A mental health court*1 will be in operation soon in Saint John.
When Premier Brian Gallant was asked why the mental health court is in only one location, he has replied that once it proves itself there, other parts of the province may get it. But they want to see that it is viable in Saint John first.
Nice idea, this government should have done pilots with many of its other initiatives before implementing them.
But, but, but, we’ve had a pilot project mental health court already. In Saint John! From 2000 to 2004, after which the provincial government made it permanent, since the court only had rave reviews.
Everyone was happy with it except regions outside of Saint John who did not have a mental health court.
Other jurisdictions copied or studied our model. New Brunswick was doing good. Many accused, especially women, have a mental health diagnosis. Treatment is the better option. Especially where current prisons are not good for anyone’s mental health.
Then the government dropped the mental health court in 2013 because it could not be bothered finding a replacement for the retiring judge. Lawyers and citizen groups protested. Whatever.
Last week, when the Premier announced the mental health court pilot, he said, “We did not dare call it a pilot because there was already a pilot. So we’re starting over the initiative. We’ll see whether this can be a success once again and if it is, we’ll see about extending it.”*2 (my translation)
It’s a pilot.
And as he said in Acadie Nouvelle : “Nous espérons que ce programme qui sera recommencé ici à Saint-Jean sera un succès, et si c’est un succès, nous allons certainement regarder à voir ceci dans d’autres régions de la province. » *3
New Brunswick does love its pilot projects when elections are coming up. No, that’s not fair. We love them all the time, as long as they have to do with marginal issues such as violence against women, mental health, poverty reduction*. Oh, the number of successful pilots done in New Brunswick that proved themselves but never went anywhere. There’s a thesis there.
In New Brunswick, when pilot projects are NOT about rights or equality, when they’re about “entrepreneurship”, we call them start-ups. And we invest in them bigly.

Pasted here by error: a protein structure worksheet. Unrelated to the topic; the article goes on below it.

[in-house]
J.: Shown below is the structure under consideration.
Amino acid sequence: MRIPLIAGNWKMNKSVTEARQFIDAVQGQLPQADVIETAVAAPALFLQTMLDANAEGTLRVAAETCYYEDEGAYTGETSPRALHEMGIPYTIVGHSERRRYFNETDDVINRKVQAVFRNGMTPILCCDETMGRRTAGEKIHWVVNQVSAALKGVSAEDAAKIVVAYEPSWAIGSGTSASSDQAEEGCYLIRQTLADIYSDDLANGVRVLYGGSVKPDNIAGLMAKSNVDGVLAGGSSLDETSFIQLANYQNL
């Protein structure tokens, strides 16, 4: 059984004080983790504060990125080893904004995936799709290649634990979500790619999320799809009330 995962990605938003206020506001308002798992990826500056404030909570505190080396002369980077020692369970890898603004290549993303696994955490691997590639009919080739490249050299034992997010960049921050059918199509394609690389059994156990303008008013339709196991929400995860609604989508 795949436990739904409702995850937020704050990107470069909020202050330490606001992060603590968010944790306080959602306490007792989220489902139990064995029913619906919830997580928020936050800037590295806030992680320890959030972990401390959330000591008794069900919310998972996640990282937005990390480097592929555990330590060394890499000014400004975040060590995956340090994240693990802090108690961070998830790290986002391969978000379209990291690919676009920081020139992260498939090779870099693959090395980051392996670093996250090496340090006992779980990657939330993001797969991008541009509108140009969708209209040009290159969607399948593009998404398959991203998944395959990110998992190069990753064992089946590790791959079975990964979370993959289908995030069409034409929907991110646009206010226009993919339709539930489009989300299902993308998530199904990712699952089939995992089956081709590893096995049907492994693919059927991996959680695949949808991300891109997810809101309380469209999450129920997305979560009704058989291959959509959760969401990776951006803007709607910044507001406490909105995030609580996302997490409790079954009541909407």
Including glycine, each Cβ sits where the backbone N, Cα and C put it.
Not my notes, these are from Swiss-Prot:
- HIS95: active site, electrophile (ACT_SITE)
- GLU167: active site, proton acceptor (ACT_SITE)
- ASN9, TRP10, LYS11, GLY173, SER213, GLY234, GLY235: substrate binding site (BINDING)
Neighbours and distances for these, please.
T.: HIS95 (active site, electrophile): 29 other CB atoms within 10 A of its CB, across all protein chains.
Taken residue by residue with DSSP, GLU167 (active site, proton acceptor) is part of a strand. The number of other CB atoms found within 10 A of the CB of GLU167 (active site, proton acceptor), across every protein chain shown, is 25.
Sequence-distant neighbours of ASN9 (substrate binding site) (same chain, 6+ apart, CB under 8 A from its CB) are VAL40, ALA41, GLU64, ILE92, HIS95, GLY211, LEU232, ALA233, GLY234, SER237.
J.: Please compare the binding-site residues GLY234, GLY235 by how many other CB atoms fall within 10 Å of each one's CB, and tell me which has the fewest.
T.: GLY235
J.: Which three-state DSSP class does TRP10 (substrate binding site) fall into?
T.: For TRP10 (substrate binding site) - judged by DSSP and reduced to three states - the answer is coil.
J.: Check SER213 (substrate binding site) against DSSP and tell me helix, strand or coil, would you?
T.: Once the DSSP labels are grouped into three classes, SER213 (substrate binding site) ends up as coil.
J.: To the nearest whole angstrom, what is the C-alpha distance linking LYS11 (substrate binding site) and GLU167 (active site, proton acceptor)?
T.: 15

Last week’s announcement is dissatisfying:
Mental health courts have been shown to save lives and money, to free up emergency rooms, first responders, holding cells and prison cells. Only in Saint John? Pity.
The government is not speaking to the rest of New Brunswick, citizens, families, public servants and professionals, who deal with mental health cases daily on the streets, in homes, police cars, courts and jails.
The premier is minister for Saint John.
The government is doing one pilot project. In a bicultural, constitutionally bilingual, province. Will the minister responsible for official languages, Premier Brian Gallant, lay a complaint?
The government made no mention of the solid reports by Bernard Richard and Judge Michael McKee on mental health issues in the last decade, which urge more access to such services. *4
The media is not following this issue.
Social justice, citizens’ groups and women’s groups have not reacted.
Apart from that, it is great that Saint John has a mental health court pilot project.
*1. In the mental health court, people with mental illness or intellectual disability who are accused of breaking the law are given the option of treatment. As the independent evaluator said of the New Brunswick program, it “has the ability to really change the things that drive the criminal behaviour” (Mentally ill offenders get court program back in Saint John, CBC News, September 19, 2017). About 80 per cent of those that complete mental health courts do not commit a new offence in the three years after they leave the program.
*2. Téléjournal, Radio-Canada Acadie, 18 septembre 2017. PM Gallant speaks at 1m05 : http://ici.radio-canada.ca/nouvelle/1056529/sante-mentale-intervenants-cour-provinciale-saint-jean .
*3. Acadie Nouvelle, 21 septembre 2017. Après 4 ans d’inactivité, le tribunal de la santé mentale est rétabli.
*4. Ashley Smith: A Report of the New Brunswick Ombudsman and Child and Youth Advocate on the services provided to a youth involved in the youth criminal justice system, 2008 https://www.ombudnb.ca/site/images/PDFs/AshleySmith-e.pdf . Together Into The Future: A transformed mental health system for New Brunswick, 2009 https://www.gnb.ca/cnb/Promos/MentalHealth/NBMHS-e.pdf